What makes this Facebook post by Sarah Palin interesting to me is that she thinks the issue of immigration reform cuts across party lines when it comes to the threat of lower wages and job losses for working class Americans. She’s right, and I don’t see too many immigration-reform opponents making this argument:
Great job, GOP establishment. You’ve just abandoned the Reagan Democrats with this amnesty bill, and we needed them to “enlarge that tent” of which you so often speak. It’s depressing to consider that the House of Representatives is threatening to pass some version of this nonsensical bill in the coming weeks.
Once again, I’ll point out the obvious to you: it was the loss of working class voters in swing states that cost us the 2012 election, not the Hispanic vote. Legal immigrants respect the rule of law and can see how self-centered a politician must be to fill this amnesty bill with favors, earmarks, and crony capitalists’ pork, and call it good. You disrespect Hispanics with your assumption that they desire ignoring the rule of law.
Folks like me are barely hanging on to our enlistment papers in any political party – and it’s precisely because flip-flopping political actions like amnesty force us to ask how much more bull from both the elephants in the Republican Party and the jackasses in the Democrat Party we have to swallow before these political machines totally abandon the average commonsense hardworking American. Now we turn to watch the House. If they bless this new “bi-partisan” hyper-partisan devastating plan for amnesty, we’ll know that both private political parties have finally turned their backs on us. It will then be time to show our parties’ hierarchies what we think of being members of either one of these out-of-touch, arrogant, and dysfunctional political machines.
The expected flood of low-wage workers will no doubt give unions a boost, which means more money in their coffers to support Democrats. But beyond the politics is the point that Palin makes about arrogance on both sides. The immigration-reform bill will do nothing to address the illegal-immigration problem. It will probably exacerbate it because illegals coming across the border will expect similar treatment some day from Congress. The open-borders crowd won’t be satisfied until, well, we have open borders. Every few years, illegal immigration will come up as an issue again and we’ll be forced to go through the same rigamarole we’re going through now.
The bill also will not get even close to securing the border. There are no “triggers” that would allow a slowdown in the legalization and citizenship process for illegals if certain border security measures aren’t taken. It’s an open invitation for DHS to drag its feet on implementing the will of Congress.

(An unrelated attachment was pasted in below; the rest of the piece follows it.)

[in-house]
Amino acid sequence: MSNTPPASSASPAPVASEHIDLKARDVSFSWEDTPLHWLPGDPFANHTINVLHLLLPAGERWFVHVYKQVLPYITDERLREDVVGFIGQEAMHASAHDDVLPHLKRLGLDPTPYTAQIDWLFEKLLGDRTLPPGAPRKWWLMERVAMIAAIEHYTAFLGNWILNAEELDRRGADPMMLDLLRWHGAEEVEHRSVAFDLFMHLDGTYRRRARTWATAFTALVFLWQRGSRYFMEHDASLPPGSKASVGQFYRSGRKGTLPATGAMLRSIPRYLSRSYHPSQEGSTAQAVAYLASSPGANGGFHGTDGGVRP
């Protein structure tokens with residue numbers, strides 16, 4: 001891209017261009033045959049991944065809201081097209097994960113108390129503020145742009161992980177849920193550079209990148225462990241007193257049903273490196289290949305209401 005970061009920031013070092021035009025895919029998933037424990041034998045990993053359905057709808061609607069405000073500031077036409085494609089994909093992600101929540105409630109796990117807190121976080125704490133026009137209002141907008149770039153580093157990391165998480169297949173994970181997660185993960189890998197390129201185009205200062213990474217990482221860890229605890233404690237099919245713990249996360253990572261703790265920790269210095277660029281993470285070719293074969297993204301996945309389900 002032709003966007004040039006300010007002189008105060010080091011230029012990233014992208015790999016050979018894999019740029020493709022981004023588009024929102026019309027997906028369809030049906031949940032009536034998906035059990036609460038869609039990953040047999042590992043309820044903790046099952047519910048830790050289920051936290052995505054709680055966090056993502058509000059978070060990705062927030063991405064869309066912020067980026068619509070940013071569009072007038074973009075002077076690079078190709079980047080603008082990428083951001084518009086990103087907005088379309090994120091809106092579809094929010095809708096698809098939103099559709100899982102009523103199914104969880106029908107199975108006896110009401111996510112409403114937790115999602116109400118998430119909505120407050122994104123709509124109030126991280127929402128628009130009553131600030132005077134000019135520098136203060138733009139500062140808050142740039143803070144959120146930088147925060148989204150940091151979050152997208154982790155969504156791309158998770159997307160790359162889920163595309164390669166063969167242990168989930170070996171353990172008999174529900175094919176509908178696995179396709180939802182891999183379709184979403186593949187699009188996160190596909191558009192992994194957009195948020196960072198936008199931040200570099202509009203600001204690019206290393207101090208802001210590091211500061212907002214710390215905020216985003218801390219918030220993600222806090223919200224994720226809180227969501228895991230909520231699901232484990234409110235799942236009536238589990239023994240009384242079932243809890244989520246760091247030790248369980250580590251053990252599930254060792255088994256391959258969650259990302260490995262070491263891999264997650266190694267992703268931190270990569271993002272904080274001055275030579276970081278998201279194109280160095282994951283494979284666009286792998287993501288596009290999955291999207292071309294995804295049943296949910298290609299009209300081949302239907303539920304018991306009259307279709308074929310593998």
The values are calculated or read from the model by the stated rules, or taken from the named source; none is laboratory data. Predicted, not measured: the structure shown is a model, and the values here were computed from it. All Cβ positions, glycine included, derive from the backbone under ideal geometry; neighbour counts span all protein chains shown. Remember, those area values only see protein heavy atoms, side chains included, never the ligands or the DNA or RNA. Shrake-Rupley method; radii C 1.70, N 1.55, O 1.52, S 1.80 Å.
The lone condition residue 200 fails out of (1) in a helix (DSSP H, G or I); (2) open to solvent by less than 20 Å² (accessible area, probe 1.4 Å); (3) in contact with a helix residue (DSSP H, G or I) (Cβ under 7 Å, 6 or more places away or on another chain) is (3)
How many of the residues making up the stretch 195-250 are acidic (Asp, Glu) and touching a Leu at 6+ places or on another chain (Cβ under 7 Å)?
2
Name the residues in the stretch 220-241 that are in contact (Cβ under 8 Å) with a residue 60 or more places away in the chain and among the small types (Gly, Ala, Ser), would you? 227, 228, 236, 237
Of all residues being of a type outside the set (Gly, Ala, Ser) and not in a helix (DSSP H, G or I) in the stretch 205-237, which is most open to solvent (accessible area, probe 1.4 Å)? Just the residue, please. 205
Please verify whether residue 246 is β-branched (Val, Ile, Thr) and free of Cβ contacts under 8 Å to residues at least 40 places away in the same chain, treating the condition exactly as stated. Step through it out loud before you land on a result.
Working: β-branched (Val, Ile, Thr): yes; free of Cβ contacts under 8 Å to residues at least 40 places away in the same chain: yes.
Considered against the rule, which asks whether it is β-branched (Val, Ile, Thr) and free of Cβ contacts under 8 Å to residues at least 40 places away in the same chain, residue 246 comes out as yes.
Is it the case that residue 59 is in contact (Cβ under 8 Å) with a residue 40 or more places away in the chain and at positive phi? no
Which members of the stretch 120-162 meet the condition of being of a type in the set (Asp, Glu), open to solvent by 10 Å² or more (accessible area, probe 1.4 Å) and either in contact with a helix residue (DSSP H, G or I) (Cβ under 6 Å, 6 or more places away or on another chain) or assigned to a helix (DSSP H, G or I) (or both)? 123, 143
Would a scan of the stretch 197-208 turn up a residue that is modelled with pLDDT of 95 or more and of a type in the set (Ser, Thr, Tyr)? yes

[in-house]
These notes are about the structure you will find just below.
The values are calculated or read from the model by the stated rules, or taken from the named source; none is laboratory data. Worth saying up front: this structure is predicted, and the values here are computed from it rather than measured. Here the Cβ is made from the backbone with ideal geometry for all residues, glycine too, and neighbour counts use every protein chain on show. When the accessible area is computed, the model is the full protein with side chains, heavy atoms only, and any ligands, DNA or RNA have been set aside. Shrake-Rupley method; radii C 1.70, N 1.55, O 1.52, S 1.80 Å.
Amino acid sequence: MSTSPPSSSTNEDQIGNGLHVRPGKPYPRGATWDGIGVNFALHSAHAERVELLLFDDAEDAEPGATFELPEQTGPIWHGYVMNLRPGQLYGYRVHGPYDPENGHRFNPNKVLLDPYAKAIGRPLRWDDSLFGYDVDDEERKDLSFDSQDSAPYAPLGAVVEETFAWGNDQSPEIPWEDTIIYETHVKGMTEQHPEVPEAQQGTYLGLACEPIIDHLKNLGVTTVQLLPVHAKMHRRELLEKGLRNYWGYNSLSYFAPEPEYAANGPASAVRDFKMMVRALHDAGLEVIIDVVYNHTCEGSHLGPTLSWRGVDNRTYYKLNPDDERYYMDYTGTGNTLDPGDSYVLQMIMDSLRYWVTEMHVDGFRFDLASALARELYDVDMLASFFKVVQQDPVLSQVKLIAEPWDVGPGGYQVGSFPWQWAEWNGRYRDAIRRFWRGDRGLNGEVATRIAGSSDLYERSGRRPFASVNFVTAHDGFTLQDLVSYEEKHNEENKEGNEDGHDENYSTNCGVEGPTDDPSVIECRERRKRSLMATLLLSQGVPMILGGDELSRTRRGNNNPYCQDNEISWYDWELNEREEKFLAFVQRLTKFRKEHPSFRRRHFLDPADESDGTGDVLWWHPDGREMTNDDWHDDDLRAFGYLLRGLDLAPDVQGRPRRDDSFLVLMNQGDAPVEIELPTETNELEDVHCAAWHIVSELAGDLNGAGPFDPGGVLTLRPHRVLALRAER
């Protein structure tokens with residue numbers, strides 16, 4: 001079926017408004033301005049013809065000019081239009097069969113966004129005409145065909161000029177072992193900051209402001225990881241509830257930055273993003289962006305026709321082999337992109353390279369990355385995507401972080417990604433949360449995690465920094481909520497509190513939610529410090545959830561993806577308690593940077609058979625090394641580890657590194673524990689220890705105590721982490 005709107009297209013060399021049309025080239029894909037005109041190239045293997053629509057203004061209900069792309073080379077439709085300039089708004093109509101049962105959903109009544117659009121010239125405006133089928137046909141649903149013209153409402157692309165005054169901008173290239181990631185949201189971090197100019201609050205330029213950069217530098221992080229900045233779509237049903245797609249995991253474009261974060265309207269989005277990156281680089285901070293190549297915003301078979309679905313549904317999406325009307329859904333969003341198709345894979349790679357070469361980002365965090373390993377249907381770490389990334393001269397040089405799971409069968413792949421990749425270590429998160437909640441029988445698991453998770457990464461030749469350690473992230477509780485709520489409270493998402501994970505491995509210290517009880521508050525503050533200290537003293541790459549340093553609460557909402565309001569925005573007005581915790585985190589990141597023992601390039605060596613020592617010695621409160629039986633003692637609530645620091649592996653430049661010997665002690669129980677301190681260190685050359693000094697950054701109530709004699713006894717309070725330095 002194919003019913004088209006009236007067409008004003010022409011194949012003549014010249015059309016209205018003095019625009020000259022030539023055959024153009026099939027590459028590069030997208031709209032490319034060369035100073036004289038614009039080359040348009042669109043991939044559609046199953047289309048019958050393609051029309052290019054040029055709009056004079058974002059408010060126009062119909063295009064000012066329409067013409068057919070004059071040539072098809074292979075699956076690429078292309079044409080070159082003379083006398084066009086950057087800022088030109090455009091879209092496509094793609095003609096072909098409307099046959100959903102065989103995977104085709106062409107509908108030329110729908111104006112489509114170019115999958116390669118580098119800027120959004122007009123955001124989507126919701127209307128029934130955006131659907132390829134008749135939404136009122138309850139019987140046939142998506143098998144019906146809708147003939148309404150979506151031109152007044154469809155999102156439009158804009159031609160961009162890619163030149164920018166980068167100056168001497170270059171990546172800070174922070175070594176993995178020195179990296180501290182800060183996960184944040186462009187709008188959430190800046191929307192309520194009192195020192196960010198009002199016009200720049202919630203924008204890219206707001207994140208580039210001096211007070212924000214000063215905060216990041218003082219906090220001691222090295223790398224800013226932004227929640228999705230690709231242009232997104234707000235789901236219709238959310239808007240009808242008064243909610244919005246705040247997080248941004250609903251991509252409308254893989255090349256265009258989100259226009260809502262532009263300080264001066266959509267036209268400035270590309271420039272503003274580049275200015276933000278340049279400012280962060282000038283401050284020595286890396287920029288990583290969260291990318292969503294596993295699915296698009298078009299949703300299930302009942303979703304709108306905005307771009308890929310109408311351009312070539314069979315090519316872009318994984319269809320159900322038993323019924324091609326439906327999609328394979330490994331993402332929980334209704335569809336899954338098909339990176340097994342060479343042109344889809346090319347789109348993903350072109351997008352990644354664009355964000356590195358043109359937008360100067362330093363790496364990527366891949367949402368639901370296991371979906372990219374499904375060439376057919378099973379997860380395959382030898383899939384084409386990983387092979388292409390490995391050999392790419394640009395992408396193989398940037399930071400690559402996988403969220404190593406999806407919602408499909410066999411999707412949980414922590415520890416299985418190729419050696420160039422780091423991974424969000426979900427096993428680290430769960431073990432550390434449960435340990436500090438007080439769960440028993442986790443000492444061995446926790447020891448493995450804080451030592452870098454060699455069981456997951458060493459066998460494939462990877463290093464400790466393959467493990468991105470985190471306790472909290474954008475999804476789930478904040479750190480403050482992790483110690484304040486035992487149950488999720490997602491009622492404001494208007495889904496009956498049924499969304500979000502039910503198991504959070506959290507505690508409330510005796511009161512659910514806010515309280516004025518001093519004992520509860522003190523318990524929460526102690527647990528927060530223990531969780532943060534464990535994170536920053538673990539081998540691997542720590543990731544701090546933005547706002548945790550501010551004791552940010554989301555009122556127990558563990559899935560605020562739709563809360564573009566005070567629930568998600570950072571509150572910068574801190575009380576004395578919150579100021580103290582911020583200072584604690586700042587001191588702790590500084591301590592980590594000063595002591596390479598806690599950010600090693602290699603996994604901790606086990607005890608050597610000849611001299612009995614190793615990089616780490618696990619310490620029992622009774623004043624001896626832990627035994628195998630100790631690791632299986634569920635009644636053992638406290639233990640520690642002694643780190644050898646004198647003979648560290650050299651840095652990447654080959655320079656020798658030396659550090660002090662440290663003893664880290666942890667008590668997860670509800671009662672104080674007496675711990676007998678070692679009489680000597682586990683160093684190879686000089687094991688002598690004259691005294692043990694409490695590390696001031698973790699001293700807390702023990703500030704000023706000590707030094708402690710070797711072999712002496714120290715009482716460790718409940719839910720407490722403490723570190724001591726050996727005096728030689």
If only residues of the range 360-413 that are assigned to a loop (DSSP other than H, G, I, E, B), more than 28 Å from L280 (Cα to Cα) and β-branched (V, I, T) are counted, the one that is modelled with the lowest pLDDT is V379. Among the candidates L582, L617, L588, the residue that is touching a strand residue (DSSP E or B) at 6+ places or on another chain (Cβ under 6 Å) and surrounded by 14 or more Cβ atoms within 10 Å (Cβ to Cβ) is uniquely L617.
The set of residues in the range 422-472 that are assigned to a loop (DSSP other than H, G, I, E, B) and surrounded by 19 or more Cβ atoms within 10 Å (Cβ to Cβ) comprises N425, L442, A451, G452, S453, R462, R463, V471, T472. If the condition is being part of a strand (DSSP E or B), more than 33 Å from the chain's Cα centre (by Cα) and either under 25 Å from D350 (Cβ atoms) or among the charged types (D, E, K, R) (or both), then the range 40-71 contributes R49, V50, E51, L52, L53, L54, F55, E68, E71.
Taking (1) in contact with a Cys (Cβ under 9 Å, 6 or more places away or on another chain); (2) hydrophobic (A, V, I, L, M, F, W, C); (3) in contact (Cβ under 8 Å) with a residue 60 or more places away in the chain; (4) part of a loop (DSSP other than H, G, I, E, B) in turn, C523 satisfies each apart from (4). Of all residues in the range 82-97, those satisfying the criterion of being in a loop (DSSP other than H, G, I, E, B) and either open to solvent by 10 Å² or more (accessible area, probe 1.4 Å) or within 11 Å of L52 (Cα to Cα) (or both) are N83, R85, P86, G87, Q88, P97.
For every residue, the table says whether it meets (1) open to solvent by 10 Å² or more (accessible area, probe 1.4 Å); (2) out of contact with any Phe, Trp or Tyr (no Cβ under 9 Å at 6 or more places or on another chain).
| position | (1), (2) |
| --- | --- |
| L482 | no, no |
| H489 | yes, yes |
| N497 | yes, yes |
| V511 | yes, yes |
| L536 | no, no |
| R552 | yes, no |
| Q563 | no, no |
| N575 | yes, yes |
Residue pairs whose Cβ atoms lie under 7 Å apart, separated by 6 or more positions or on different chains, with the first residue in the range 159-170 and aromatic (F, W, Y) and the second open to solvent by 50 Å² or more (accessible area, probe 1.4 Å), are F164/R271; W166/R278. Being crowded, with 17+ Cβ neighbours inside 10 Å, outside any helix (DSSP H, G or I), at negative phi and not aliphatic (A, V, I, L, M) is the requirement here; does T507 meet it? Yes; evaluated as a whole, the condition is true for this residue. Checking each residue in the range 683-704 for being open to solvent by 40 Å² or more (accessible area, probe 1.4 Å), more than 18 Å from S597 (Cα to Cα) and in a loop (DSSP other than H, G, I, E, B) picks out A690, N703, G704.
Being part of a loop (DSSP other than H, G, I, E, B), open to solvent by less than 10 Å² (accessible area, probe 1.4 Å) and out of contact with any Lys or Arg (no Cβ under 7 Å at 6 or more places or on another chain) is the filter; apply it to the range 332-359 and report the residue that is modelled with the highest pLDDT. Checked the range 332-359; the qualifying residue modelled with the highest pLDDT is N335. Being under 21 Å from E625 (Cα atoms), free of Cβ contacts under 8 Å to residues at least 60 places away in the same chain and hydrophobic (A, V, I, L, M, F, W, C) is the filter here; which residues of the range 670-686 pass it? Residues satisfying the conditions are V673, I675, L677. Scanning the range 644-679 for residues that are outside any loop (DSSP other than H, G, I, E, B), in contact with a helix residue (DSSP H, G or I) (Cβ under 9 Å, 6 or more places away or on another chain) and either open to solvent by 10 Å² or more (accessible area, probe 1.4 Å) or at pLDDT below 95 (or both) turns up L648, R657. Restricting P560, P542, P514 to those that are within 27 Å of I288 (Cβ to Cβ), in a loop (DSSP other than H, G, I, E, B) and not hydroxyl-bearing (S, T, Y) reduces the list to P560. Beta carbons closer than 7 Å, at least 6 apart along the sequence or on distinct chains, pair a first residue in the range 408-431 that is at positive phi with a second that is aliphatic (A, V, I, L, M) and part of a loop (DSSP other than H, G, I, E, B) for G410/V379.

But immigration reform is probably not the issue that will split the Republican Party. As Allah points out, we all have “red lines” that we won’t cross:
We all have our “red line” issues, as Drew says. Offhand, I can’t think of a single person I know privately or on Twitter who supports (or is indifferent to) the Gang of Eight bill and who also traditionally has treated border security as a “red line.” Everyone wants better border security and everybody thinks it’s important for immigrants to follow the rule of law, but when push comes to shove, some people are okay with bending on this in the name of other political goals and others are not. If you believe the polls about background checks and gun control, we might very well win a few extra votes by caving on that too. Want to do that? We might also win some votes by declaring our support for abortion in the first trimester. Okay to do that? We all have our “red lines.”
Indeed we do, but there is not much of a threat to tear the party apart if the House GOP caves on the Senate bill and offers some kind of legalization for those who broke the law. If it was a real threat, I doubt whether Republicans in the House would take it up.
A more likely outcome would be a turning inward by GOP activists and concentrating on electing conservatives at the local level. It is also likely to turn some voters off to the point of apathy.
This has been happening to a smaller extent since the Bush years and could accelerate if immigration reform is passed. It wouldn’t be the sudden rending of a political party, but rather a slow, steady dissolution as supporters fall away.
One can only hope that the president makes good on his threat to veto any bill without a path to citizenship. That’s reform opponents’ Alamo, and you should expect the House GOP to stay united on that.